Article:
Trawling ban: Fishermen take the plunge
By Amritha K R - KOCHI
31st July 2012 11:28 AM
As the clock strikes 12 tonight, thousands of trawling vessels along the length of the India’s western coastline will shoot out into the raging seas in their trawling boats. As the 47-day-long trawl ban in the seas comes to an end this year, it also marks the completion of 25 consecutive years of trawling ban seasons on the Kerala coast. “There has been an immense change in the mentality of fishermen on the issue of trawling ban. The same persons who once raised their voices in vehement protest against the trawling ban are now for the ban. The main reason is that the fishermen have seen the results and the improvement in catch for themselves,” said the Joint Director of Fisheries C K Bharathan.
As per the the findings of the Central Marine Fisheries Research Institute (CMFRI), in the last 24 years after the implementation of the ban season, the annual fish production has more than doubled, from about 3.03 lakh tonnes in 1987 to over 7.4 lakh tonnes in 2011.
Fishermen, on the other hand, have learned to adapt to the new trawling ban period. Since the eastern coastline of India has trawling ban during a different season, several fishermen based in Kerala especially those who hail from Tamil Nadu return to their homelands and work in the boats there during the season. The one month period also acts as the time for the fishermen to mend their boats and get the repair work done. Some of the employees of the boats also take to these during the trawl ban season.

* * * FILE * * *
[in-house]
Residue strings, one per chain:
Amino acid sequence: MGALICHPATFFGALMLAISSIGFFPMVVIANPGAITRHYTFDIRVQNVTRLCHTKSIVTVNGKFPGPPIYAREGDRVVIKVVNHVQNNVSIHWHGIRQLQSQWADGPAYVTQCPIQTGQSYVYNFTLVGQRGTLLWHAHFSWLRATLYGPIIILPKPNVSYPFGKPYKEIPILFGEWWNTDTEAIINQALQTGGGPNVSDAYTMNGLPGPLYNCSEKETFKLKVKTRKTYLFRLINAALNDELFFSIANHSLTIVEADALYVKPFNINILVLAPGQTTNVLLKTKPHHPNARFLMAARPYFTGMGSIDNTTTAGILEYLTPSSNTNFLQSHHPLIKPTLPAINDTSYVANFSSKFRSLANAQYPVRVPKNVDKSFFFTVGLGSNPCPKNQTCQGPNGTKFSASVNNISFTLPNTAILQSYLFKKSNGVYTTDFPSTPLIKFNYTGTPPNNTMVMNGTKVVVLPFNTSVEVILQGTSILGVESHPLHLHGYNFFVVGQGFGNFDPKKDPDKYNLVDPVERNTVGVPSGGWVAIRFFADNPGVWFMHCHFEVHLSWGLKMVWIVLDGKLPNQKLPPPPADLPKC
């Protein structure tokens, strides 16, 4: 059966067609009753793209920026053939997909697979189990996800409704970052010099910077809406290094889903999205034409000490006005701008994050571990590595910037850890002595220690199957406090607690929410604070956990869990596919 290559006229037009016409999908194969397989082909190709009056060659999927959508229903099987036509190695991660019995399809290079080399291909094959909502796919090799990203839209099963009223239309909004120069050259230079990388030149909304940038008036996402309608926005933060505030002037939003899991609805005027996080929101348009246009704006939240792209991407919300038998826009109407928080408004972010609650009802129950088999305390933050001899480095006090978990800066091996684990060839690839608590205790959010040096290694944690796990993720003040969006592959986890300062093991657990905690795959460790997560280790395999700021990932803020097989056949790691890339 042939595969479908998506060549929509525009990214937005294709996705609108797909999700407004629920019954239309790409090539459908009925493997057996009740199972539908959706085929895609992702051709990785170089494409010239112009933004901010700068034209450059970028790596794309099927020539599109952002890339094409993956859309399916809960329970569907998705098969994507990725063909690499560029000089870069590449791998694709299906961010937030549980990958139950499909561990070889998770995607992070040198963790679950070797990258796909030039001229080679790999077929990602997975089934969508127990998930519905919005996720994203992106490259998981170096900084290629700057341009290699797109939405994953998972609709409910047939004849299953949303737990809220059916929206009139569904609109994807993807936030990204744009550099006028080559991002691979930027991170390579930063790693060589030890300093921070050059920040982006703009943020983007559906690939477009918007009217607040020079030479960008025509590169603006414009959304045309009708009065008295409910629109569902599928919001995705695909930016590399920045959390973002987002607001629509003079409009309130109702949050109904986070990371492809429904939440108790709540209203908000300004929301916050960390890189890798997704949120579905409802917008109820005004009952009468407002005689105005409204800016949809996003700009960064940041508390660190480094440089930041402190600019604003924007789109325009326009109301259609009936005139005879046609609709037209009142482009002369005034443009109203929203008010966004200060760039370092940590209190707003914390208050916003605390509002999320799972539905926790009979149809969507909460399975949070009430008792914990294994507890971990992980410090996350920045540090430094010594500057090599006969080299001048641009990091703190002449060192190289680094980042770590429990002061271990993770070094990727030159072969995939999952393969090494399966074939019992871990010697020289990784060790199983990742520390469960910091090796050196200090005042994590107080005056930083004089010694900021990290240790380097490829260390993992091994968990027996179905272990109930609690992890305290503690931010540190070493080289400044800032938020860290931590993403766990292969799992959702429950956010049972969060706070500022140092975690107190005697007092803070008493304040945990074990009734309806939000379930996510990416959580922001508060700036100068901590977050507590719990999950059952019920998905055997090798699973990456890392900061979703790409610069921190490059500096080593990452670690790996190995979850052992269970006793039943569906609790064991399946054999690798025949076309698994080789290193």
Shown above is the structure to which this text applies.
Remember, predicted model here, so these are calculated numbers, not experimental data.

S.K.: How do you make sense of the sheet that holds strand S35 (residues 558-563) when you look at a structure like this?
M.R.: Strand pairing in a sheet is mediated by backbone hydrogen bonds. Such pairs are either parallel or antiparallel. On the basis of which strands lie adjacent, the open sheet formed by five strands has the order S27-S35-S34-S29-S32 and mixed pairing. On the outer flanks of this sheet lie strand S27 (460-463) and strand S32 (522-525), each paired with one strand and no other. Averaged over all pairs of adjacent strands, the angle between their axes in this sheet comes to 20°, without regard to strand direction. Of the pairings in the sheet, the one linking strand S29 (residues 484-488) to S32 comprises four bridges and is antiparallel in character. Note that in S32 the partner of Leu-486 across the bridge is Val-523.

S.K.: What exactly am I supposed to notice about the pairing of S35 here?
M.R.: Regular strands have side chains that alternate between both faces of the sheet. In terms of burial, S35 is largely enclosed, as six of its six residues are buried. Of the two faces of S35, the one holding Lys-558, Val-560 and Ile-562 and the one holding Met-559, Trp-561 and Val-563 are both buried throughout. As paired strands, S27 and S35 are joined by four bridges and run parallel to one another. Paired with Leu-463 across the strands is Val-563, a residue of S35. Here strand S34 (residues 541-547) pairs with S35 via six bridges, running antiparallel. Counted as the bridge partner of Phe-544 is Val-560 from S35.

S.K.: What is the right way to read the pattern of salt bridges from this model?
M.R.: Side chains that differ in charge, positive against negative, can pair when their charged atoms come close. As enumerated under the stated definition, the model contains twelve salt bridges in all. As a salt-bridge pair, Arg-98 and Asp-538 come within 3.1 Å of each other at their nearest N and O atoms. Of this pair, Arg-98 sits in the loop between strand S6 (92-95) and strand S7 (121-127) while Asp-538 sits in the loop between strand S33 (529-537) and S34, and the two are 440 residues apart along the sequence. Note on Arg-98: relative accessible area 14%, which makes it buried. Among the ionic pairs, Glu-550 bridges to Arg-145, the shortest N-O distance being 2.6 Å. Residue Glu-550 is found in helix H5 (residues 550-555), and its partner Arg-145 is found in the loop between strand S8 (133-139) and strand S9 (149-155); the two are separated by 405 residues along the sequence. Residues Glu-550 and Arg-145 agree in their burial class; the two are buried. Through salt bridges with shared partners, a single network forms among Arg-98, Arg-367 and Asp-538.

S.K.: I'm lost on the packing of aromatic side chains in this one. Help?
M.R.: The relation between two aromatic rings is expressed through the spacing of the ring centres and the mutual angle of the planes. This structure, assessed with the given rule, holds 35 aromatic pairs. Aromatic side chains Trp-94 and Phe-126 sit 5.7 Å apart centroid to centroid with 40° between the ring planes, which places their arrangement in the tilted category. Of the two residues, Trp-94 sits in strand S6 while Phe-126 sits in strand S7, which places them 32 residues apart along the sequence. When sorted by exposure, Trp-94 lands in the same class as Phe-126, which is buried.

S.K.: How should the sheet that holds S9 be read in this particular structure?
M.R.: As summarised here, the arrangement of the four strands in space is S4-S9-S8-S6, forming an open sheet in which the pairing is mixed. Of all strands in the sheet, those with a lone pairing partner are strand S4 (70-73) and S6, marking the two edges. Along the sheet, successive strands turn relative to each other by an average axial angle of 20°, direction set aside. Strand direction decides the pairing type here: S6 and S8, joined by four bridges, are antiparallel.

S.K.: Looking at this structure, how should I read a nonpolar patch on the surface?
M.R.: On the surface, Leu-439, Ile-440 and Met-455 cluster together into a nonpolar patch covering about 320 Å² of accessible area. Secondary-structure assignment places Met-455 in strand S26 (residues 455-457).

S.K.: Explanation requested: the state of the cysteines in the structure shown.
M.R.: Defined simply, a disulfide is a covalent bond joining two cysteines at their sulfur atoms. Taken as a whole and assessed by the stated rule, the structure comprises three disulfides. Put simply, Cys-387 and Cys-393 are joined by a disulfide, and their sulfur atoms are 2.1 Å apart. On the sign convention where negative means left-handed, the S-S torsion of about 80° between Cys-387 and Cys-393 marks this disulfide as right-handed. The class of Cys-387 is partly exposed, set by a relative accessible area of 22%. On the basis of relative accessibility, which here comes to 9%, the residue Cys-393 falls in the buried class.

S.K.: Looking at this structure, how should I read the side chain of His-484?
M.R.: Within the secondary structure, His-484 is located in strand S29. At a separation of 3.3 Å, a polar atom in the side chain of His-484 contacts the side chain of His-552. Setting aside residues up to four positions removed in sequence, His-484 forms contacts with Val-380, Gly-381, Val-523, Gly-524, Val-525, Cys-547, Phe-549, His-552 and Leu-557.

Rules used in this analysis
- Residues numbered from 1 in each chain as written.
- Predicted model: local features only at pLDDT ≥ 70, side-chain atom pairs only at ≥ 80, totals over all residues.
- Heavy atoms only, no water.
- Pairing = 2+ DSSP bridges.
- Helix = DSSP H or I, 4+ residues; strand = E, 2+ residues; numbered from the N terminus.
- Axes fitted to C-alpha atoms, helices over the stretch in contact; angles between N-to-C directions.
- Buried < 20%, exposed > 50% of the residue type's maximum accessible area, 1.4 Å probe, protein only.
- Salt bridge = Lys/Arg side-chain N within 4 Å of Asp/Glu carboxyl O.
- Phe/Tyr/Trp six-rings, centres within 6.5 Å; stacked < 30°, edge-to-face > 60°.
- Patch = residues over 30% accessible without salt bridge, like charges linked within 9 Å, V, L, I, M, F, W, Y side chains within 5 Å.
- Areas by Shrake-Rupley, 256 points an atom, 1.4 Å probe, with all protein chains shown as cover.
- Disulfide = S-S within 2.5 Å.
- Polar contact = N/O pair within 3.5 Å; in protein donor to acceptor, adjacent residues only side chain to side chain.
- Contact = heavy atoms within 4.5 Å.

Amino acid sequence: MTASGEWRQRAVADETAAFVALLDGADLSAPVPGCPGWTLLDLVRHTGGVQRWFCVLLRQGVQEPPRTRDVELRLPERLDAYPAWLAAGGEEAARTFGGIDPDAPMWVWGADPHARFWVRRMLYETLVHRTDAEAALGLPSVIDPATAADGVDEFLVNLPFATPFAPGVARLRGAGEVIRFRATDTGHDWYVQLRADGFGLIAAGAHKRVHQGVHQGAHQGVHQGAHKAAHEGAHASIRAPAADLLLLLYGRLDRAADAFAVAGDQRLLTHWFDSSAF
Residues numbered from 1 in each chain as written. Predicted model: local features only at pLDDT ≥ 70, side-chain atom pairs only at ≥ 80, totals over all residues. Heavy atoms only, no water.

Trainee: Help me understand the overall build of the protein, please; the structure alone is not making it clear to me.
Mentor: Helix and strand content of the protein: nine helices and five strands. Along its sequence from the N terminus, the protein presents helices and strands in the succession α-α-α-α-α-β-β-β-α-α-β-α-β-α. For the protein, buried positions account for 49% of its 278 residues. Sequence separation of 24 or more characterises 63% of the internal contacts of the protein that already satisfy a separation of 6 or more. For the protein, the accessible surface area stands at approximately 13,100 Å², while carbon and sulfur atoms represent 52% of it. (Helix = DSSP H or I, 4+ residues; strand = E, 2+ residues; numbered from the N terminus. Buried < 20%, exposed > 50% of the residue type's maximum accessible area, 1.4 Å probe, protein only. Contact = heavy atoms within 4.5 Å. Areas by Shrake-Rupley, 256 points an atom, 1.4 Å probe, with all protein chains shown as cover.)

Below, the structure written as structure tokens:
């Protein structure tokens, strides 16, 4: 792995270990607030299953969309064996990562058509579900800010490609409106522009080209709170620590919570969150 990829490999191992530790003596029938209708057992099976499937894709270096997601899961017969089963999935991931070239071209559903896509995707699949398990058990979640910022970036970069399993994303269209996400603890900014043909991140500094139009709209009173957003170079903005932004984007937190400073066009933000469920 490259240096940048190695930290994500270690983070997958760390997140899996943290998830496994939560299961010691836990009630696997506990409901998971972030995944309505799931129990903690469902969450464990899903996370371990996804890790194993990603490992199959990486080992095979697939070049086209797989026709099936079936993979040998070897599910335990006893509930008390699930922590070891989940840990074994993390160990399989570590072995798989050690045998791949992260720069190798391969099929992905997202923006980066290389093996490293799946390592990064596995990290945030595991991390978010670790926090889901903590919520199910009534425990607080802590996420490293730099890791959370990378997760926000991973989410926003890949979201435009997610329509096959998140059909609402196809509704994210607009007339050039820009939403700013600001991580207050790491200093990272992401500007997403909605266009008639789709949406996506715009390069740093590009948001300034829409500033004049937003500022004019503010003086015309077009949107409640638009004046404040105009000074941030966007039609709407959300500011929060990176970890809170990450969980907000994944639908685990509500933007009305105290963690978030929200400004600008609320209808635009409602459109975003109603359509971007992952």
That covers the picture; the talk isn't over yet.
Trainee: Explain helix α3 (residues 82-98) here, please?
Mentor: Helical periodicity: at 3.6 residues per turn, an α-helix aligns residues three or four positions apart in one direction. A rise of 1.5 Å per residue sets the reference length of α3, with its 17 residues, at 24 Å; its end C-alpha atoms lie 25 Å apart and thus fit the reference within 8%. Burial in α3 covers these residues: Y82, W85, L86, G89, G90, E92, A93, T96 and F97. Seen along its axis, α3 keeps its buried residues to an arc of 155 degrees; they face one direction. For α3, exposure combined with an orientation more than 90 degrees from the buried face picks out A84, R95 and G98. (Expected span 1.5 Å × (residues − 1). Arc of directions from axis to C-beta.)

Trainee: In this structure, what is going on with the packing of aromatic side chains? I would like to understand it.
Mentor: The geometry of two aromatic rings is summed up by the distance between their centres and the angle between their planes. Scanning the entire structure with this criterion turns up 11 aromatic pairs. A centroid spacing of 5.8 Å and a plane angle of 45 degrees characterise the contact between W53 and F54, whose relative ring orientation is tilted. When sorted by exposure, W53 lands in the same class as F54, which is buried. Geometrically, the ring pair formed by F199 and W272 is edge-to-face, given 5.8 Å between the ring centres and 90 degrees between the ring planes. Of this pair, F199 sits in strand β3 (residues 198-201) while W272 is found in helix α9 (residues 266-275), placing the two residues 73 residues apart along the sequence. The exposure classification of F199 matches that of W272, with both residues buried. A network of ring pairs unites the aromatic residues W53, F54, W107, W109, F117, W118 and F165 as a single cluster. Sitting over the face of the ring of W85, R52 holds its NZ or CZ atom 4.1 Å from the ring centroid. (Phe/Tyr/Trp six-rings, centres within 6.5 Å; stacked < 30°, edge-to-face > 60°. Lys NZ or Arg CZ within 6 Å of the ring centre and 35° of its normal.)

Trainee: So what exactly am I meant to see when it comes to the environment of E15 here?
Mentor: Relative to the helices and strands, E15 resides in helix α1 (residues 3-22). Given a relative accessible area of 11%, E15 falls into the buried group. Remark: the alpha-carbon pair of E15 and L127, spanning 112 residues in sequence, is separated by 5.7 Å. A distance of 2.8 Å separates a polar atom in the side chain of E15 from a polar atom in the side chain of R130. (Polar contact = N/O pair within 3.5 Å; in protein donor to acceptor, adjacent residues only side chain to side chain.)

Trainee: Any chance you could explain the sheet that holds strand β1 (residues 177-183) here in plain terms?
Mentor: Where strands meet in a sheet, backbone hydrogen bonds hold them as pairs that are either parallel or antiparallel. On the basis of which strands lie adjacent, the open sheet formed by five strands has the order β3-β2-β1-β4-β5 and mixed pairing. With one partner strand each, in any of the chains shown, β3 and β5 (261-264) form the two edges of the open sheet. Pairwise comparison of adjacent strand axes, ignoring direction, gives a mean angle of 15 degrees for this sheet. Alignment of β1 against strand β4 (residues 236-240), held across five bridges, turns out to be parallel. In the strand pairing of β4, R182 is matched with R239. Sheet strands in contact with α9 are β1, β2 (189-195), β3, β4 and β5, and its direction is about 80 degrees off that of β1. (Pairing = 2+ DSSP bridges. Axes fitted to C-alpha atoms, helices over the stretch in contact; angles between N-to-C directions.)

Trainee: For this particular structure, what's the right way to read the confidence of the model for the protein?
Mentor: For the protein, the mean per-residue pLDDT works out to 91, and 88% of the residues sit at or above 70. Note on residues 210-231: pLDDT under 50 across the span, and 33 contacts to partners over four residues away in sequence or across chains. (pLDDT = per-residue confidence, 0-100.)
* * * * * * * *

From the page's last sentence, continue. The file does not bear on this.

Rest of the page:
But after all the slow work and holiday mood, time has come for some tough competition. On Tuesday, on Ernakulam coast alone the Fisheries Department estimates the operation of over 1100 fishing vessels. Since all the boats are setting out together there is tough competition for the catch and whoever gets it first gets the prize.
“We are asking all the fishermen to follow the rules. In the excitement of winning the big prize, many violate laws including those against trawling within the first 10 km. This happens because whoever reaches first gets to make a huge profit since the demand for fish is very high in the market now,” said the T Peter, state president of Independent Fishworkers Federation.
Meanwhile, from Wednesday morning the harbour would be a busy place. Auctioneers, fishemongers, union members, lottery ticket agents, jeeps and vans and even crows and cats would all be seen anxiously waiting for the first boat that returns with the catch.
Once the boat appears in sight, auctioneers will rush to it and head for the ensuing auction. Within minutes, the sale is done, the fish thrown into baskets, mixed with ice and sent off to markets far and near.
But on the other hand, not everything is as exciting as the first haul. For one, the Fisheries Department has made the registration of vessels extremely strict this time around owing to several concerns including security threats. “We will not allow any boat to venture into the sea on Tuesday night without the registration and licence. At the most the fishermen can give the application and after the verification of the boats they can move to the seas. But otherwise it will not be allowed,” said Deputy Director of Fisheries Department, George Kutty.
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